House Speaker Nancy Pelosi announced on Thursday the creation of a select committee to examine the January 6 attack on the U.S. Capitol. She told House colleagues of her intention to do so earlier on Thursday morning.
“It is imperative that we establish the truth of that day, and ensure that an attack of that kind cannot happen and that we root out the causes of it all. The select committee will investigate and report on the facts and the causes of the attack and it will make report recommendations for the prevention of any future attack,” Pelosi said during her weekly press conference. She said that the investigation would take “two paths”: looking at the “root causes” of the attack, and the failures in security of the Capitol.
Pelosi waited to make a determination for several weeks because she would have preferred that the Senate take another vote on a bipartisan bill to create an independent 9/11-style commission. Senate Republicans blocked the bill in May, and Senate Majority Leader Chuck Schumer has not called another vote on the measure.
“I asked, leading up to today: Is there a chance for it to pass? We gave it so much time. Not soon, not likely, maybe someday. In the meantime, I’m hopeful that that could still happen at some point,” Pelosi said.
Unlike an independent commission that would not have comprised elected officials, Democrats will control the select committee. There will still be Republican members on the committee, but Democrats will have the majority and therefore, they will also have subpoena power. Select committees are created by a resolution to conduct investigations or consider measures, usually on a specific topic.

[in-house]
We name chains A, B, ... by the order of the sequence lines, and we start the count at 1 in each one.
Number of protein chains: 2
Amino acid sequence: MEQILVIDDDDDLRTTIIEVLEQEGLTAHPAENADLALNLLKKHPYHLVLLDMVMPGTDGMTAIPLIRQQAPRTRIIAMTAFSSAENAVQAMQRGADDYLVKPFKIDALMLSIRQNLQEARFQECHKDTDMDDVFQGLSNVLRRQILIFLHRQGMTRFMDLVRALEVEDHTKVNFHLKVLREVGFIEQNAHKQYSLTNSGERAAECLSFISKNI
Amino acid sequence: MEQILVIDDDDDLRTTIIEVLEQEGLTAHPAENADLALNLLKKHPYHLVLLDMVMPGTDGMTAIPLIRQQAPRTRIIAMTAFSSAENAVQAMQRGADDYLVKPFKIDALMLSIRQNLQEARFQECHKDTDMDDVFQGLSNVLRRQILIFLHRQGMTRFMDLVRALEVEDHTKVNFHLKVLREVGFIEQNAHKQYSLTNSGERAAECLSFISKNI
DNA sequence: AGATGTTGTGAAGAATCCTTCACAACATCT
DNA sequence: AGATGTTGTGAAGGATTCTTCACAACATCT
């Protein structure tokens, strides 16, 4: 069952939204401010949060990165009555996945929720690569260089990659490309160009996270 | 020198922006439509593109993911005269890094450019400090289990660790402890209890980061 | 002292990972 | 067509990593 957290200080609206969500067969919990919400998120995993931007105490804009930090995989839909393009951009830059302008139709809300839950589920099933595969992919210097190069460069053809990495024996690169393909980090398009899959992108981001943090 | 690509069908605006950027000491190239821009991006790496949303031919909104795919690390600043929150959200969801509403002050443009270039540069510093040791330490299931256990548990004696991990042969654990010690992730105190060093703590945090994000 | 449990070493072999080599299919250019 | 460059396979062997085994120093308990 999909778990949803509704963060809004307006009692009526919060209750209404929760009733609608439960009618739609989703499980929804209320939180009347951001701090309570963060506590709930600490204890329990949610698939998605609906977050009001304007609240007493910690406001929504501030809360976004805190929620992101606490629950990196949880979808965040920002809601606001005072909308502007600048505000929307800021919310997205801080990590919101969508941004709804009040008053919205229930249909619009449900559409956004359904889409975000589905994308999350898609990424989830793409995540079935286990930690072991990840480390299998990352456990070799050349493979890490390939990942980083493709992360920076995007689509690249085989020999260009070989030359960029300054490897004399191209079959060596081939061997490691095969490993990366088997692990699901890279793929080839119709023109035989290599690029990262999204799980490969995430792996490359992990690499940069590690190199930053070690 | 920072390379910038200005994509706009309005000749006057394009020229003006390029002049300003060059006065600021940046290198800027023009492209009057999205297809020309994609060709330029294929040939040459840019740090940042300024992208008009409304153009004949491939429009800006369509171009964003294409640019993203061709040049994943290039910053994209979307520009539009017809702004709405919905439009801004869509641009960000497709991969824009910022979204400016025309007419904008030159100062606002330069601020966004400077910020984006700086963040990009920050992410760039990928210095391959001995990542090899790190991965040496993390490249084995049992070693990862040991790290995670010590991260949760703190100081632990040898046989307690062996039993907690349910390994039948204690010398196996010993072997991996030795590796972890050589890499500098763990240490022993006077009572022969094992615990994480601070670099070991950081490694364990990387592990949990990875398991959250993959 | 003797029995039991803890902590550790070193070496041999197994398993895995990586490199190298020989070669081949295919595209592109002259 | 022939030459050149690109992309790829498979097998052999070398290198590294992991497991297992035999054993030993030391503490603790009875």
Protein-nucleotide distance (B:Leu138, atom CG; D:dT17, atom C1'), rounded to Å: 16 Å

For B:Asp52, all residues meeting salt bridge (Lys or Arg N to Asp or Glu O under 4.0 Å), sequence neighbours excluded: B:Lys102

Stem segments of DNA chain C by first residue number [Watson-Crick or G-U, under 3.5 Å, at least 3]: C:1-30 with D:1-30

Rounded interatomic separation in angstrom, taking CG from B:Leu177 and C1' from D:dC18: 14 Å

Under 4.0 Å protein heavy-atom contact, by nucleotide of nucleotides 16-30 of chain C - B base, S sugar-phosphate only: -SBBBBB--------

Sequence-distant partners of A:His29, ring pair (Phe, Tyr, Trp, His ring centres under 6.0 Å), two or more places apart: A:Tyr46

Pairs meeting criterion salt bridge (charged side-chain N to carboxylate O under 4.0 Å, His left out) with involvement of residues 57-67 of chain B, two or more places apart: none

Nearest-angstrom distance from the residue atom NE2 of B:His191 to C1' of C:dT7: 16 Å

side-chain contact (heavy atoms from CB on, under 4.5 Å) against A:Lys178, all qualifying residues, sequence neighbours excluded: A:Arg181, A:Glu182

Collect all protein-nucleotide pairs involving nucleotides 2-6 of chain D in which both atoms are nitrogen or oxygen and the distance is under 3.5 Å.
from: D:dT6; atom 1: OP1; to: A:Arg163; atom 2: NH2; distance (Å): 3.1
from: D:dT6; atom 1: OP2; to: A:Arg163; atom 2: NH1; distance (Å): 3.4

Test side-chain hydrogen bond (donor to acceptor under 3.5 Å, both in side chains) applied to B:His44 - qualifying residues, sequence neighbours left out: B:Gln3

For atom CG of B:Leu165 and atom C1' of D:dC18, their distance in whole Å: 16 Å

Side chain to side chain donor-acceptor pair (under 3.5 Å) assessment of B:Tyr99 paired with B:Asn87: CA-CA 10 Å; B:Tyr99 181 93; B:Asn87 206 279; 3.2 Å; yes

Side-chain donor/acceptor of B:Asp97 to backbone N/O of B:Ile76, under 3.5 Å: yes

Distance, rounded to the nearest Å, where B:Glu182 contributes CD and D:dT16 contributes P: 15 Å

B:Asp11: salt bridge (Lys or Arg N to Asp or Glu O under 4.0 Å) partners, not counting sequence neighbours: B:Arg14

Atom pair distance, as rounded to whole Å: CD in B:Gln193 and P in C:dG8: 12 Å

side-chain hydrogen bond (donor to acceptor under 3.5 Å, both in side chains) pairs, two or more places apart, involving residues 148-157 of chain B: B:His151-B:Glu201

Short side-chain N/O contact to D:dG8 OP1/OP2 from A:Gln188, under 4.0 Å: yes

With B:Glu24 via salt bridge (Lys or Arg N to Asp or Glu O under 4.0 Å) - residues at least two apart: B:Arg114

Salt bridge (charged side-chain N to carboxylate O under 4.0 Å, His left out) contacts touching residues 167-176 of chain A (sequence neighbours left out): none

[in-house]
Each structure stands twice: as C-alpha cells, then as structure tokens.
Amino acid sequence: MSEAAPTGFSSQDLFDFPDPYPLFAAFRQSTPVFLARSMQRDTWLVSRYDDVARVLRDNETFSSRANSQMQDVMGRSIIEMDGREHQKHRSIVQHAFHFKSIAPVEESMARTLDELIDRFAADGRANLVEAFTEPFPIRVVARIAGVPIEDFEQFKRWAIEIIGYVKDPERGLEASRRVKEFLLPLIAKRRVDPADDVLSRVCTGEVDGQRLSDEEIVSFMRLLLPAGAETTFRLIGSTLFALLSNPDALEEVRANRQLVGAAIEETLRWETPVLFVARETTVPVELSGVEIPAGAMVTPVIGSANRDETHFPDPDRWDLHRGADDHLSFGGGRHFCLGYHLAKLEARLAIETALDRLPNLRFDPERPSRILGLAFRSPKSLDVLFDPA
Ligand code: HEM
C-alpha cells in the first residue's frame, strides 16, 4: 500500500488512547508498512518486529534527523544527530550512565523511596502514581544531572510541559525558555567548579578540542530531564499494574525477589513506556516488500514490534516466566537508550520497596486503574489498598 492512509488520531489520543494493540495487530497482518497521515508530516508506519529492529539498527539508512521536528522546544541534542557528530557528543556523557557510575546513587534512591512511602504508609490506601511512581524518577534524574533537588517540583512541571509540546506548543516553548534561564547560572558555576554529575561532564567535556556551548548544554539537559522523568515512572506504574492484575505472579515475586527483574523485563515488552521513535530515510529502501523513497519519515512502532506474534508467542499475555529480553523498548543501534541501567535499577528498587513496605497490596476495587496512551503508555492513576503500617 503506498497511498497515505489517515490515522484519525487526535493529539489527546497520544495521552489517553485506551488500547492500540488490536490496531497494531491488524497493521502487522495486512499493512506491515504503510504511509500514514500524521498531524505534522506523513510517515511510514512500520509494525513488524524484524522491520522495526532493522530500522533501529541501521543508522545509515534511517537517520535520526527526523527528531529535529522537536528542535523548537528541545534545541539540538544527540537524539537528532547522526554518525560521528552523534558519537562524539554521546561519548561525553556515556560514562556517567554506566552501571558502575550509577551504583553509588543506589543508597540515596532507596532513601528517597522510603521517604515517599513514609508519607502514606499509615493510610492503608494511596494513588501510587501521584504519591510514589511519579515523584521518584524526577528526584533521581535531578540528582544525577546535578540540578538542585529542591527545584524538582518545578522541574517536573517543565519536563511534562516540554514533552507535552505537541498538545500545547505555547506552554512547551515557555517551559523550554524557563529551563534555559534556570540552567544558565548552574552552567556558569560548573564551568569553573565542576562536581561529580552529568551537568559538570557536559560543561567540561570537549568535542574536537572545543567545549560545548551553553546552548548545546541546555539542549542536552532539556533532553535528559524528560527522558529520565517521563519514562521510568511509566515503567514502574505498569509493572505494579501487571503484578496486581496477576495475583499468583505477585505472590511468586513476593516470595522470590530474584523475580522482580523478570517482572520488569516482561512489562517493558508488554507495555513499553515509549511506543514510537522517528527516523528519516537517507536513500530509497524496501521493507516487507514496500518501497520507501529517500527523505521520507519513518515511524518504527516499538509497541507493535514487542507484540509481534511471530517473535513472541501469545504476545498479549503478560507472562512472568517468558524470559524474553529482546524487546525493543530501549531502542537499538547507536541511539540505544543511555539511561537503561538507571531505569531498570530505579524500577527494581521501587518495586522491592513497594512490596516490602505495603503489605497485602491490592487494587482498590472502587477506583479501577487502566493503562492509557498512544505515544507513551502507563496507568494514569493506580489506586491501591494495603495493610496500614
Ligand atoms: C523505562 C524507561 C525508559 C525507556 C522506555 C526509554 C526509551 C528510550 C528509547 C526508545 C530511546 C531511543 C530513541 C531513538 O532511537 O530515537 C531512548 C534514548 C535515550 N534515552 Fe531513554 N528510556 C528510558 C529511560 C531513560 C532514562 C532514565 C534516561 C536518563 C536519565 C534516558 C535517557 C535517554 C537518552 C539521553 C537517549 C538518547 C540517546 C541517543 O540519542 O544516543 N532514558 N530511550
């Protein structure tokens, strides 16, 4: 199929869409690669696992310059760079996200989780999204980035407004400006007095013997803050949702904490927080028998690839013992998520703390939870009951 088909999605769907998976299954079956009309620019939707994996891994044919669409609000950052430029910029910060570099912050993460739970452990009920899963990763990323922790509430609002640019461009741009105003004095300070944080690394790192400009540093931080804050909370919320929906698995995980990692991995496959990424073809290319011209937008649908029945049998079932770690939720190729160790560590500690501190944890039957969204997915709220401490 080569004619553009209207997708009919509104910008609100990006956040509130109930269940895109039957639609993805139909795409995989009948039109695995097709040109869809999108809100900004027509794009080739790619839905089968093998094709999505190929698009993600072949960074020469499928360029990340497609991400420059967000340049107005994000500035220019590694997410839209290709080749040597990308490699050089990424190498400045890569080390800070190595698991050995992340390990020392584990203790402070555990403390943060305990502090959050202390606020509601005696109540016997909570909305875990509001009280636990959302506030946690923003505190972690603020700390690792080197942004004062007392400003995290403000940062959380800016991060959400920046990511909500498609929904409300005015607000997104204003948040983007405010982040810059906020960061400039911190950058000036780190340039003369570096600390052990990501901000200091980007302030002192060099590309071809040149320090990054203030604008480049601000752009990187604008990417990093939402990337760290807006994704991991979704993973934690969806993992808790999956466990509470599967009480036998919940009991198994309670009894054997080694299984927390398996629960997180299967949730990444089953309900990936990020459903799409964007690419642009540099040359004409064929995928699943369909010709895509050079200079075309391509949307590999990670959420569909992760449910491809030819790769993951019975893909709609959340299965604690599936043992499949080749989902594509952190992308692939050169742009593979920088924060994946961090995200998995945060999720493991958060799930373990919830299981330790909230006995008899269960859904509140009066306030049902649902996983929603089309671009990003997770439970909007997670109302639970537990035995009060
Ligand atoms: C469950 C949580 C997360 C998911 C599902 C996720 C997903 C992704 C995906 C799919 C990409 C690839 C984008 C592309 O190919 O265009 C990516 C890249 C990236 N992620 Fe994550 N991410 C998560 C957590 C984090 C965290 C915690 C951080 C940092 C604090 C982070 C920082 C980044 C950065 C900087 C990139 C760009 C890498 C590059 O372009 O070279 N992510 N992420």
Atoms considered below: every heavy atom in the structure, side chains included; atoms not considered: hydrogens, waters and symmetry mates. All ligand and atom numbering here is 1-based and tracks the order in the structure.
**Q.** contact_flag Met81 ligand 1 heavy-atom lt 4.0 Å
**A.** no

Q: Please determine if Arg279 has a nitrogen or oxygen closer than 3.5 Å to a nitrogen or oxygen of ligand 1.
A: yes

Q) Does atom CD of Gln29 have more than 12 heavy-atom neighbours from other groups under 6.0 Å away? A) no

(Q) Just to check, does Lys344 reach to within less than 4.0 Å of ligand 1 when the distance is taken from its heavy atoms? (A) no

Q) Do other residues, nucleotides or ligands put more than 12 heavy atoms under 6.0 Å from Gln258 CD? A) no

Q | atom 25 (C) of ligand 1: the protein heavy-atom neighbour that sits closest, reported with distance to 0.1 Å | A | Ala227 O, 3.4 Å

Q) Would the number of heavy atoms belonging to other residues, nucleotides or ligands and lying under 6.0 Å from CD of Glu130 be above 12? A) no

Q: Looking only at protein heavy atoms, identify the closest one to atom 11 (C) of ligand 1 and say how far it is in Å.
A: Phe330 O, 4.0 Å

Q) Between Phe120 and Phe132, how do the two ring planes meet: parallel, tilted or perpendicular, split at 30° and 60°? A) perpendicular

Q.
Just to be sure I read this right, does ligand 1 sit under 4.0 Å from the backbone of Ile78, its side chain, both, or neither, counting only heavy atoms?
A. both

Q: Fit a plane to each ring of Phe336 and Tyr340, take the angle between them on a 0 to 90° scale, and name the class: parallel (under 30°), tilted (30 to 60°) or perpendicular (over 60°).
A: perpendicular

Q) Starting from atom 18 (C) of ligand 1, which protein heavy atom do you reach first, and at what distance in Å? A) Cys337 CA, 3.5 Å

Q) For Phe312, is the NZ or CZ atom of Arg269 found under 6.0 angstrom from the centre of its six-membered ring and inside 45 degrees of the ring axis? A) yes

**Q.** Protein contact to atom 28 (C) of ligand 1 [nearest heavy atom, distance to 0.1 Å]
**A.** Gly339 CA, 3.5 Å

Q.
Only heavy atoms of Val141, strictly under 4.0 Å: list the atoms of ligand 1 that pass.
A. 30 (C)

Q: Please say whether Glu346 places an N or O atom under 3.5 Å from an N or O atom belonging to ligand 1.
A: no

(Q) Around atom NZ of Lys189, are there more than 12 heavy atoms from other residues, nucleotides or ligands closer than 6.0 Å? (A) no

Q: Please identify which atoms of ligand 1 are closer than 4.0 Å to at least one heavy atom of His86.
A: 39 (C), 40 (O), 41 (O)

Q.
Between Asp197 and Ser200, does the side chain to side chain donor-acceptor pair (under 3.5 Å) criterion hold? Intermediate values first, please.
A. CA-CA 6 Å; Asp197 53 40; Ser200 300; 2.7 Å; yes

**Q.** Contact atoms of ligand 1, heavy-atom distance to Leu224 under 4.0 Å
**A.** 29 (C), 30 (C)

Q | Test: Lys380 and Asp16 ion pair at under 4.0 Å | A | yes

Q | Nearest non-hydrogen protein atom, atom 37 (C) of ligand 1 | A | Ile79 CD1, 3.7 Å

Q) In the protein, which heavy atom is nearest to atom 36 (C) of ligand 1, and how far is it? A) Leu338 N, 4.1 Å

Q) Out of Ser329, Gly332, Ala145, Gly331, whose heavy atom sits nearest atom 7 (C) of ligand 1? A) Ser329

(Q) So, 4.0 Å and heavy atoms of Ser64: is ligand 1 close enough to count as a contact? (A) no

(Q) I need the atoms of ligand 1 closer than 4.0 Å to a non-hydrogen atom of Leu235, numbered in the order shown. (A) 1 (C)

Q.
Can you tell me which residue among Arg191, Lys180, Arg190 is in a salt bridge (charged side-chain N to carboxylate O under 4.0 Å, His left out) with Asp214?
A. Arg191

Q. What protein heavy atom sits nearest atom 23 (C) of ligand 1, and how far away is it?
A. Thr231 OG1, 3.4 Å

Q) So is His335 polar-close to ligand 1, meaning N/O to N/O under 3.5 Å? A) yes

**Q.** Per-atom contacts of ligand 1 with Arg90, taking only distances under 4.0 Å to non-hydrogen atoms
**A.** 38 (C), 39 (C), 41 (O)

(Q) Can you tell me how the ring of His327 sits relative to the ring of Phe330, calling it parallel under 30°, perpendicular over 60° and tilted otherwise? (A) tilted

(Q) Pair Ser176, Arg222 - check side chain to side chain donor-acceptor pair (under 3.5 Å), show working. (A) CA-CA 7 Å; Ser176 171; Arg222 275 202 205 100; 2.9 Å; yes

Five people died during the attack on January 6, including a Capitol police officer whose death was later ruled to be from natural causes. The partner and mother of that officer, Brian Sicknick, has advocated for creating an independent commission. Over 100 Capitol and Metropolitan police officers were injured, and two Capitol Police officers died by suicide after the attack.
Attorney General Merrick Garland said Tuesday that more than 480 defendants have been arrested in connection with the attack. In court, the government has also indicated that prosecutors expect to charge up to 550 people.
It’s unclear whether any Republicans will support the creation of a select committee because they may argue that Democrats would use the committee as a purely political exercise. Previous select committees, like the 2012 select committee on Benghazi led by Republicans, have devolved into partisanship.
House Minority Leader Kevin McCarthy argued to reporters earlier this week that Senate committees were already conducting bipartisan investigations and said whatever decision Pelosi made about a select committee would be “political.”
Pelosi acknowledged “it would have been preferable to have an outside commission,” but said “I have no intention of walking away from our responsibility.”
“I hope that Kevin will appoint responsible people to the committee,” she said.
Pelosi did not say who would lead the committee, nor did she lay out a specific timeline for it to release its findings, saying “the timetable will be as long as it takes.” The bipartisan commission would have been required to submit its findings by the end of the year.
The bipartisan bill to create an independent commission passed in the House with dozens of Republican votes, but failed in the Senate. The vote to advance the bill failed by 54 to 35, well short of the 60 votes needed. Republican Senators Bill Cassidy, Susan Collins, Lisa Murkowski, Rob Portman, Mitt Romney, and Ben Sasse supported advancing the bill. All but Portman voted to convict former President Trump on the impeachment charge of incitement of insurrection in February.